Appearing unyielding to fresh calls for the closing down of the Israeli embassy in South Africa, Cabinet yesterday said no decision has been taken on Israel’s diplomatic presence in SA.
This, despite frosty relations between the two countries over the ongoing Israel-Palestine conflict, which has left thousands of casualties on both sides.
Last week, Economic Freedom Fighters leader Julius Malema proposed a parliamentary motion for “the closure of the Israel embassy in South Africa and suspension of all diplomatic relations with Israel” – debated in the National Assembly.
With Deputy Minister of International Relations and Cooperation Candith Mashego-Dlamini, having maintained South Africa would need to take into consideration implications of such a drastic action on South Africa’s diplomatic presence in the Middle East, government has adopted a cautious stance.
Addressing a post Cabinet media briefing in Pretoria, Minister in the Presidency Khumbudzo Ntshavheni, said there was “no decision taken by Cabinet to close down the embassy of Israel”.
SA diplomats, she said, were recalled for consultation “and that will determine the period of their stay”.
“We will inform you when they go back to Israel,” she said.
Ntshavheni said the department of international relations and cooperation has already engaged with Israeli ambassador to South Africa Eliav Belotsercovsky “when he was demarched”.
Referring to geopolitical matters, Ntshavheni said Cabinet reiterated a stance adopted during the African-Saudi Summit in Riyadh, hosted by Crown Prince Mohammed Bin Salman, calling for an end to the war in Gaza.
Ntshavheni said: “The summit condemned the targeting of civilians and the violations of international law by the Israeli government.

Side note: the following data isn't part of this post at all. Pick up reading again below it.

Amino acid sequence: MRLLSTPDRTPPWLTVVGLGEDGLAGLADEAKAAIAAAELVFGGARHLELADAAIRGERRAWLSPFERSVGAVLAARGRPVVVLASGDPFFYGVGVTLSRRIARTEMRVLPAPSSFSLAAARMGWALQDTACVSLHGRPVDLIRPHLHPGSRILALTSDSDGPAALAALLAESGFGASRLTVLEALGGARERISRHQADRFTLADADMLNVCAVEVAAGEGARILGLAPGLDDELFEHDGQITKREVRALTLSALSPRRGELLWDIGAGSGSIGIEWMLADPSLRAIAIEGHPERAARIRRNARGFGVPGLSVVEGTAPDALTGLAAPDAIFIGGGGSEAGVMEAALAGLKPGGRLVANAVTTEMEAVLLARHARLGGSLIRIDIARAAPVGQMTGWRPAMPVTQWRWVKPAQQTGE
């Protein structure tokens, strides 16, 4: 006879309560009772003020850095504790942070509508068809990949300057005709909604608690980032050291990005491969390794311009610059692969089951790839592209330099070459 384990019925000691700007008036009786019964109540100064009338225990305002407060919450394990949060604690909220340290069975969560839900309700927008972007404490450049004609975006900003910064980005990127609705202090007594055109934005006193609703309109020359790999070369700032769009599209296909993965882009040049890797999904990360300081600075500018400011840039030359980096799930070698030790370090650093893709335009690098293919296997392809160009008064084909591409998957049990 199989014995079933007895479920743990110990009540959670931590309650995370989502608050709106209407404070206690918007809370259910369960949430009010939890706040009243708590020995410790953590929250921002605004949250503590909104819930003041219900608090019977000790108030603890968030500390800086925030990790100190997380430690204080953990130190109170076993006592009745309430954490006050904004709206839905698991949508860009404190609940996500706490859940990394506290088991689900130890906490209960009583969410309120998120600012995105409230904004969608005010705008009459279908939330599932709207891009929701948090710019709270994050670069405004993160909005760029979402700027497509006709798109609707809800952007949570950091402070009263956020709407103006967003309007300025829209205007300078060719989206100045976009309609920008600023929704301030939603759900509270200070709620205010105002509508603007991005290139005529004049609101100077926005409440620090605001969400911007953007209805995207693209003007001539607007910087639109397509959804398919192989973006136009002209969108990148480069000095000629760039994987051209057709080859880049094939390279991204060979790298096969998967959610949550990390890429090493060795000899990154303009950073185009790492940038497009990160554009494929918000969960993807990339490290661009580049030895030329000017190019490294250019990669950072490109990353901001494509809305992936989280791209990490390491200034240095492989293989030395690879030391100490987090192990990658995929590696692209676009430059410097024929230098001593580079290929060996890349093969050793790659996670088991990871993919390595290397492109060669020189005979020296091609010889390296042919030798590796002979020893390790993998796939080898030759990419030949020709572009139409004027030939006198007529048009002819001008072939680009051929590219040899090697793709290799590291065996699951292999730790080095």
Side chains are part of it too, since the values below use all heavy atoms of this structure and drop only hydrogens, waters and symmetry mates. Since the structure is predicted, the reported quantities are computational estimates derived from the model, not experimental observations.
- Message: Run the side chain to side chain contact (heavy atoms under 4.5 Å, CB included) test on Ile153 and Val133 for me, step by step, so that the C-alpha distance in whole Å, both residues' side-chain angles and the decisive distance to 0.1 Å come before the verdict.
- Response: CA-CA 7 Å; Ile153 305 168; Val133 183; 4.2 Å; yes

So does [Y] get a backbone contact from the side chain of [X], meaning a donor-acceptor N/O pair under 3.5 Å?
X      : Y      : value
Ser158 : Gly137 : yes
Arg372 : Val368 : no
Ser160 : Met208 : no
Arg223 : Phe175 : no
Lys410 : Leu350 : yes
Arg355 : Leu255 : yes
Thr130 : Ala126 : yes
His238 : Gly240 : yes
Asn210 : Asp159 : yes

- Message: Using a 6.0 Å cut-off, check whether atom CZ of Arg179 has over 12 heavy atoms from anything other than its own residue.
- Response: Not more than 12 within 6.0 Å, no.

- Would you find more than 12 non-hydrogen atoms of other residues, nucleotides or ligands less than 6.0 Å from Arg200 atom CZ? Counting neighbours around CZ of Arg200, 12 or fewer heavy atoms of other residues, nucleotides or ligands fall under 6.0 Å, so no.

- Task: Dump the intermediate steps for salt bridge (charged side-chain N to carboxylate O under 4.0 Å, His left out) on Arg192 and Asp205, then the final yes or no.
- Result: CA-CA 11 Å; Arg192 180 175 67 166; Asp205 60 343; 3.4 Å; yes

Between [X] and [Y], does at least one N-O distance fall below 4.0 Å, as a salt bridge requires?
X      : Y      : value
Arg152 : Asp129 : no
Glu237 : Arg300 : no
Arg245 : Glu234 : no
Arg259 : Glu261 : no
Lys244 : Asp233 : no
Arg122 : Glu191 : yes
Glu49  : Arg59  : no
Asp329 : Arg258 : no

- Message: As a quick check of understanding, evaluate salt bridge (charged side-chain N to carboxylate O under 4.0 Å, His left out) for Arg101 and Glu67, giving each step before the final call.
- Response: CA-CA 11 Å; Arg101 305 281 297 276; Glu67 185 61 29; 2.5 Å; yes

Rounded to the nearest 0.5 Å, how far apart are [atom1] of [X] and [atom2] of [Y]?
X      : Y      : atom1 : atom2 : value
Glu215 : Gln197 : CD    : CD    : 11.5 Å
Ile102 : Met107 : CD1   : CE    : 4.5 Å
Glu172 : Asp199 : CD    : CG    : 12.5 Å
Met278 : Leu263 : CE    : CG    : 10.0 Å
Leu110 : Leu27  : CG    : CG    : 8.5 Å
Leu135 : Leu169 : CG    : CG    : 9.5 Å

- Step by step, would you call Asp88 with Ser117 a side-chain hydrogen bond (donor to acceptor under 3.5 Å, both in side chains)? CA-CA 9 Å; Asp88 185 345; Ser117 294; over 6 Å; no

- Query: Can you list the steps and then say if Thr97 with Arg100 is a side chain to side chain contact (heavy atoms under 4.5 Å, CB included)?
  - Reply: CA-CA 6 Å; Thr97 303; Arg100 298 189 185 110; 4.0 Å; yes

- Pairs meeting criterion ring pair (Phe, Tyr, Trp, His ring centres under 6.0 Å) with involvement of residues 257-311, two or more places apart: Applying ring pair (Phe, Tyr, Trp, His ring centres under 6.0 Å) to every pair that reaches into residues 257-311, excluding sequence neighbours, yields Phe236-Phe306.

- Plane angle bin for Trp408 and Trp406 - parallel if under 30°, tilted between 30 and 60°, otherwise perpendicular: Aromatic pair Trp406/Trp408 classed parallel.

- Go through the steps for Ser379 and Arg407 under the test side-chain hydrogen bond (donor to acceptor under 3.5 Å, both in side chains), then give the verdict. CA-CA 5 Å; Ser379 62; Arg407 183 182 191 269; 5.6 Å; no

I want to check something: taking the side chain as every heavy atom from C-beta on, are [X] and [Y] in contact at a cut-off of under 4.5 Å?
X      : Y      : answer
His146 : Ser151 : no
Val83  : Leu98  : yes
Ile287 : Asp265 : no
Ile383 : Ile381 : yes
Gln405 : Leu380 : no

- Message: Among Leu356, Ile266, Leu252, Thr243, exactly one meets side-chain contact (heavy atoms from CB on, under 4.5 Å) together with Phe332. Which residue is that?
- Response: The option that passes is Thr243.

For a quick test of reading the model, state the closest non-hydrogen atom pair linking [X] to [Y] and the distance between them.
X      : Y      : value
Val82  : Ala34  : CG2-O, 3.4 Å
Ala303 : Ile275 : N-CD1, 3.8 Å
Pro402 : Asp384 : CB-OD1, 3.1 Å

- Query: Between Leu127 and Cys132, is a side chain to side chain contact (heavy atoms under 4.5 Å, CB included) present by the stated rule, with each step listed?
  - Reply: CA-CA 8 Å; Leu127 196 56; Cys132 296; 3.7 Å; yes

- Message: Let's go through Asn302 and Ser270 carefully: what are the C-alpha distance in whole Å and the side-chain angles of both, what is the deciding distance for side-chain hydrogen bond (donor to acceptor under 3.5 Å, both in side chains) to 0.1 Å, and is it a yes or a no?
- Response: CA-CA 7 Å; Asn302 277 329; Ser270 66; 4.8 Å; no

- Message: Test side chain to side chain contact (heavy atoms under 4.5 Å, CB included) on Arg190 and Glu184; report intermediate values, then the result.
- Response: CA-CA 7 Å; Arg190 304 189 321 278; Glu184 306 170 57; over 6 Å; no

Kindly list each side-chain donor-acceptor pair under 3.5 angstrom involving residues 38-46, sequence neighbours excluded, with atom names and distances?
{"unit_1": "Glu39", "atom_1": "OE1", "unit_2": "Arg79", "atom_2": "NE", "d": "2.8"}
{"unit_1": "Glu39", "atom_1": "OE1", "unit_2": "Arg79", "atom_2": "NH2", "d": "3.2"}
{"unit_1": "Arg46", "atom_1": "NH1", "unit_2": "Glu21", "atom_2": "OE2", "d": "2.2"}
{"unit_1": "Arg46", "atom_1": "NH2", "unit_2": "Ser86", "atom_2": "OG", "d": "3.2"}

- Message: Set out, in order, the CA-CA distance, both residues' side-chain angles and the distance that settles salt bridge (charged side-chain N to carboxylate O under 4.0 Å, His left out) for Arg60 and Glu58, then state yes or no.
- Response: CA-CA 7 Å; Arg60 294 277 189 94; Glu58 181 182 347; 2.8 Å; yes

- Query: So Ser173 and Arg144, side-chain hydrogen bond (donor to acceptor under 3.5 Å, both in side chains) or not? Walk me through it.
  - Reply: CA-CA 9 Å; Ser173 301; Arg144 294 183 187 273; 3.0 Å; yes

“Cabinet continues to be concerned by the atrocities of the Israeli government against the people of Palestine, including the deliberate attacks on the United Nations school in Gaza and the massacre of hundreds of children.
“It is because of these continued atrocities that are being committed with impunity by the Israeli government – with the support and protection of powerful countries that on 17 November, South Africa, together with the Comoros, Djibouti, Bolivia and Bangladesh – jointly referred the situation in Palestine and Israel to the International Criminal Court (ICC).
“While the Palestinian Authority did ask the ICC to investigate crimes under the court’s jurisdiction in 2018, South Africa believes the current atrocities, particularly in Gaza, need renewed attention with the full backing of state parties.”
“Our ambassador in The Hague delivered the referral in person, which asked the ICC to investigate the commission of war crimes against humanity and genocide, with a view to holding those most responsible accountable.”
“Given that much of the global community is witnessing the commission of these crimes in real time, including statements of genocidal intent by many Israeli leaders, we expect that warrants of arrests for these leaders, will be issued shortly.”